Grace explained that when a utility pole is damaged for whatever reason, the energy companies that usually own the poles, such as Con Ed or NYSEG, will immediately install a replacement pole to bring the power back online. Other companies, such as Verizon, share the pole with the energy companies and also have to transfer their wires to the new pole, which, Grace said, almost never happens.

“There are some locations that have triple poles,” Grace said. “I haven’t yet seen a quadruple pole, but they’re yet to come. There’s some absolutely amazing arrangements out there.”

One of these arrangements, Grace said, is on Perry Street, where a new pole has been installed in the ground, but the original pole is suspended in the air next to it. Not only is it unsightly, Grace said, but it presents a safety issue should these damaged poles fall.

“If you’re in Yorktown and this is what you have to drive by every day, I think it’s an absolute crime and shame because the utility company just doesn’t want to be bothered to transfer the utilities to the fixed pole,” Grace said.

Town Attorney Michael J. McDermott said very few municipalities in New York State have enacted laws similar to the one Yorktown is proposing.

“There are a couple, certainly nothing in Westchester,” McDermott said. “There have been towns that have tried it and got pushback by Con Ed. The way that we’ve drafted the legislation, we’re ready to push against Con Ed.”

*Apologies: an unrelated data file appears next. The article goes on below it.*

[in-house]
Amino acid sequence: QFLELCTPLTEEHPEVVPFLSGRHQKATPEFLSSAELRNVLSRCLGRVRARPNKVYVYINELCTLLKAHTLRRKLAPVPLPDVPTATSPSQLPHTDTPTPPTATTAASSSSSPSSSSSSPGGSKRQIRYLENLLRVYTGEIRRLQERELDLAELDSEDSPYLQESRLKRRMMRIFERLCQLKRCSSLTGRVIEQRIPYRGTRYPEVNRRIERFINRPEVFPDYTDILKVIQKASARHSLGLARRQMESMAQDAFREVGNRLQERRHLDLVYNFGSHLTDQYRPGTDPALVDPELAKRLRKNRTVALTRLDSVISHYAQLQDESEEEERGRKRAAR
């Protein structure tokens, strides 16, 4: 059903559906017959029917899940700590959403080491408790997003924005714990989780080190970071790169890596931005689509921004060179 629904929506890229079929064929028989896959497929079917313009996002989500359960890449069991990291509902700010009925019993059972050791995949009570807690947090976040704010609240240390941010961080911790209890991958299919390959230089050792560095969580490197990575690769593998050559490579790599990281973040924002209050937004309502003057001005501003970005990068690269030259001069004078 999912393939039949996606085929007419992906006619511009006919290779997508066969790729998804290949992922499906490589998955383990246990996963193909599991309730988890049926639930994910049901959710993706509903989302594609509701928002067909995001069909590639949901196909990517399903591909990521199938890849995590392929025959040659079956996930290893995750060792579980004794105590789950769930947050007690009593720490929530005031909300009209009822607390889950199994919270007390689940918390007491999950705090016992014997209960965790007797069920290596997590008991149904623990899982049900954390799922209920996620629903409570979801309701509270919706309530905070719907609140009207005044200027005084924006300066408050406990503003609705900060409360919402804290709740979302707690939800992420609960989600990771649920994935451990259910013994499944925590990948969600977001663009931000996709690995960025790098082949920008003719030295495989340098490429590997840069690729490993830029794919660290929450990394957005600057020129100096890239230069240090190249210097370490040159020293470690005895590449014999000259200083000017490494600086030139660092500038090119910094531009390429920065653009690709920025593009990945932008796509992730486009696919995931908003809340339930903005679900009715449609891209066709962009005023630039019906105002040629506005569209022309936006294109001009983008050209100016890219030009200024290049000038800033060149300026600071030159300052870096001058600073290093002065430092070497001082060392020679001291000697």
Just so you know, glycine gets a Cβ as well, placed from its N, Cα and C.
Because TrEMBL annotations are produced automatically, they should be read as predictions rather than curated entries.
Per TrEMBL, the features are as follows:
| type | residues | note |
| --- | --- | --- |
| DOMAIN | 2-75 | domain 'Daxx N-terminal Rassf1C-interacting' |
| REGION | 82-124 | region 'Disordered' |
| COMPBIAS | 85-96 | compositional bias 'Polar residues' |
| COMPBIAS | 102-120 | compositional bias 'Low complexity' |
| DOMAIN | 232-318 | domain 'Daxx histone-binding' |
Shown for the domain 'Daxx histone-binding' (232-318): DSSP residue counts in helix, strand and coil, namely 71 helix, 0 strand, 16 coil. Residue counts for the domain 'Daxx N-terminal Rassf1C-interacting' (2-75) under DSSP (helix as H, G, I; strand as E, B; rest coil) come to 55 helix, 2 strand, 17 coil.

The difference between this law and many that fail, McDermott said, is that Yorktown’s law has “teeth.”

“We also added a criminal component to it that if the utility fails to [remove the damaged pole] within a certain amount of time, we can file charges against them and have very strict penalties of $1,000 a day if they fail to take away the pole within the time prescribed,” McDermott said.

There is also a provision in the code that would allow the town to go to State Supreme Court and ask for an injunction requiring the utility to take down the pole.

The companies have already started to remedy particularly bad situations, he said.

“So certainly, even before it’s been noticed for a public hearing, it’s having the desired effect of cleaning up our town of these unsightly things,” McDermott said.

Responding to a question from a resident, McDermott said, should there be a catastrophic storm the utility companies need to respond to, there is a provision in the code that provides a temporary stay, during which they would not be fined.